My response to the second complaint was counterproductive. Reflection and insight are incredibly valuable, but the rumination and self-flagellation are maladaptive. I took the complaint personally, and for a doctor that can be profoundly destructive. I should have analysed it, learnt from it, and moved forward. We are often our own worst critics, even compared to the many people ready to criticise us.

The better experience came several years later.  A middle-aged lady taking clopidogrel sustained a head injury when she fell while roller-skating.  An unremarkable examination, normal CT scan and a few hours of observation without deterioration seemed sufficient for safe discharge into the company of her informed husband.  The subsequent radiologist report received a few hours later, after I had departed, suggested a small subdural.  In my defence, it was visible on only one slice in the coronal plane.  The patient was recalled and admitted for observation, and my colleague notified me. 

I immediately returned to the hospital and discussed the situation with the patient, her husband, and her angry son.  With their permission I discussed it with the neurosurgeon.  I acknowledged the error and their concern, explained what had happened, showed them the images, explained what the ongoing treatment and issues were, and allowed them to ask questions.  I displayed genuine empathy and forgave myself.  The patient and family were very grateful and appreciative of the time I spent with them, and I returned home and slept soundly. 

As Dr Dan Pronk espouses in his book, The Resilience Shield, resilience can develop with post-traumatic growth in response to stress, but can also be improved proactively. Training and education about preventing and managing complaints, developing a support network, and looking after yourself, are critical to longevity in medicine and the inevitable complaints you will receive.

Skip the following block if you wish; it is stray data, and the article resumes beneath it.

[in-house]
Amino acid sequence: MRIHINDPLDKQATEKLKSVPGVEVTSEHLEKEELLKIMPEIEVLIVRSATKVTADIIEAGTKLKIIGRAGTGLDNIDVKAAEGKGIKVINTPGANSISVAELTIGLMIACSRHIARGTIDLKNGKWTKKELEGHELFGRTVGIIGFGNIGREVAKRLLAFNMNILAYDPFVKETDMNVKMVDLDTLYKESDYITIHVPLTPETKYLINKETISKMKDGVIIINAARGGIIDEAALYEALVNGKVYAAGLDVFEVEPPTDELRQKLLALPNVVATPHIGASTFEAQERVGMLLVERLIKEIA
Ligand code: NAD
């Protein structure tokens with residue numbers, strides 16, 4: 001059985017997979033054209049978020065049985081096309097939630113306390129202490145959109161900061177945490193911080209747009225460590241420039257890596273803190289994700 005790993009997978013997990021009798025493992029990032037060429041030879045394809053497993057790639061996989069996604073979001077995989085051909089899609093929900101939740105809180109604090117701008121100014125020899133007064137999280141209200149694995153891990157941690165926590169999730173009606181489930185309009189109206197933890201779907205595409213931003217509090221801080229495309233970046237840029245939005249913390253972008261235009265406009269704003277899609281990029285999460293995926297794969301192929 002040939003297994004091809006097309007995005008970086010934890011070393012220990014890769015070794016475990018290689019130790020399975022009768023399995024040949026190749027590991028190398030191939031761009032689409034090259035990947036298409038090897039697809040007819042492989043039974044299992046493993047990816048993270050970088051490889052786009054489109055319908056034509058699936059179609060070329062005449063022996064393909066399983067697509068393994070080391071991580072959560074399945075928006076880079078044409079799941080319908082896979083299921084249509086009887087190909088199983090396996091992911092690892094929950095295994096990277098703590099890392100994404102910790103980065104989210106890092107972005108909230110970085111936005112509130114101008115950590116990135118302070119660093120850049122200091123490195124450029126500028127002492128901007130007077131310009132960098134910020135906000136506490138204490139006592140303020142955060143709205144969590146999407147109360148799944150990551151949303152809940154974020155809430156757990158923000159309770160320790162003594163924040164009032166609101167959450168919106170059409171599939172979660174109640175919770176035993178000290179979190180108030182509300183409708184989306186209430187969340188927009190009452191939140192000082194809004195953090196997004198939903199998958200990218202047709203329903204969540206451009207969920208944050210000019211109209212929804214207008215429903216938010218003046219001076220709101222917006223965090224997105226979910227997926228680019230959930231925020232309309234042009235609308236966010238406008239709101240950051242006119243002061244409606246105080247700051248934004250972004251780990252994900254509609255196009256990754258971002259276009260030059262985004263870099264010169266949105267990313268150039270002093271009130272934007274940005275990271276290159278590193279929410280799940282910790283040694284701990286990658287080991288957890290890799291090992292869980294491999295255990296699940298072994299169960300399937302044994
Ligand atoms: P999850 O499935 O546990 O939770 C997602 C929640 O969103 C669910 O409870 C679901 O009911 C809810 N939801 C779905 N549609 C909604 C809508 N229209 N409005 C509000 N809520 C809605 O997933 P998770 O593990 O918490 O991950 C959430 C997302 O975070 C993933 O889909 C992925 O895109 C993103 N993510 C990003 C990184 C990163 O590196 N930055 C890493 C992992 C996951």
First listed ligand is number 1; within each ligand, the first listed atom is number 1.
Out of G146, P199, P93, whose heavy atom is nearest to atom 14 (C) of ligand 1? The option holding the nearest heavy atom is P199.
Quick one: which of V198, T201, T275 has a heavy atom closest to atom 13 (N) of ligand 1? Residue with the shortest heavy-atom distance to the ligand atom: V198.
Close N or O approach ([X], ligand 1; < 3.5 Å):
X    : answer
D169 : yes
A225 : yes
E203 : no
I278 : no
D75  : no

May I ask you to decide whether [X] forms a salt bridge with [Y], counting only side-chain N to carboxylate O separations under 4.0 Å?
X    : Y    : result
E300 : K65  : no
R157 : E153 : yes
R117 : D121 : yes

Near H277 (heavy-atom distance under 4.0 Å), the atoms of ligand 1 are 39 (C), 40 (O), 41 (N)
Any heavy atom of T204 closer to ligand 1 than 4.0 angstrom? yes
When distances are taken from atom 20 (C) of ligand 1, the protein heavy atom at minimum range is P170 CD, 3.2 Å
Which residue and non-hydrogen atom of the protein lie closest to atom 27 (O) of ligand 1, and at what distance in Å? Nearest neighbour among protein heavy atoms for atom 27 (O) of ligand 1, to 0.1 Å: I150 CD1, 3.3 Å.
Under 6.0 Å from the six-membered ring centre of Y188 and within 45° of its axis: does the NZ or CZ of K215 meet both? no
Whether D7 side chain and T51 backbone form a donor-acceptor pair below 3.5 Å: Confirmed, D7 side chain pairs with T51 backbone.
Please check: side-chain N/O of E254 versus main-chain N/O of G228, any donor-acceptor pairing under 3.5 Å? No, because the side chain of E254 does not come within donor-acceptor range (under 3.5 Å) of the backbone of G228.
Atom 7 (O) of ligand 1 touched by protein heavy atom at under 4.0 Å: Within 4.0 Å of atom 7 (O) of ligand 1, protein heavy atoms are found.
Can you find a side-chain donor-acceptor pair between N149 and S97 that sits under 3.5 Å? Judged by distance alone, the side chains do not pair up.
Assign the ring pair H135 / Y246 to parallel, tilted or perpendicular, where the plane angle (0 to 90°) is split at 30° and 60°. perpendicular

I expect most of us can relate in some way to the experiences I have recounted above. Complaints shouldn’t be feared or seen as annoying, frustrating, or depressing. They should be seen as feedback and an impetus for improvement. We can always do better.

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This article has been updated since it was originally published in Connect  magazine issue 21.

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IMPORTANT:
This publication is not comprehensive and does not constitute legal or medical advice. You should seek legal or other professional advice before relying on any content, and practise proper clinical decision making with regard to the individual circumstances. Persons implementing any recommendations contained in this publication must exercise their own independent skill or judgement or seek appropriate professional advice relevant to their own particular practice. Compliance with any recommendations will not in any way guarantee discharge of the duty of care owed to patients and others coming into contact with the health professional or practice. Avant is not responsible to you or anyone else for any loss suffered in connection with the use of this information. Information is only current at the date initially published.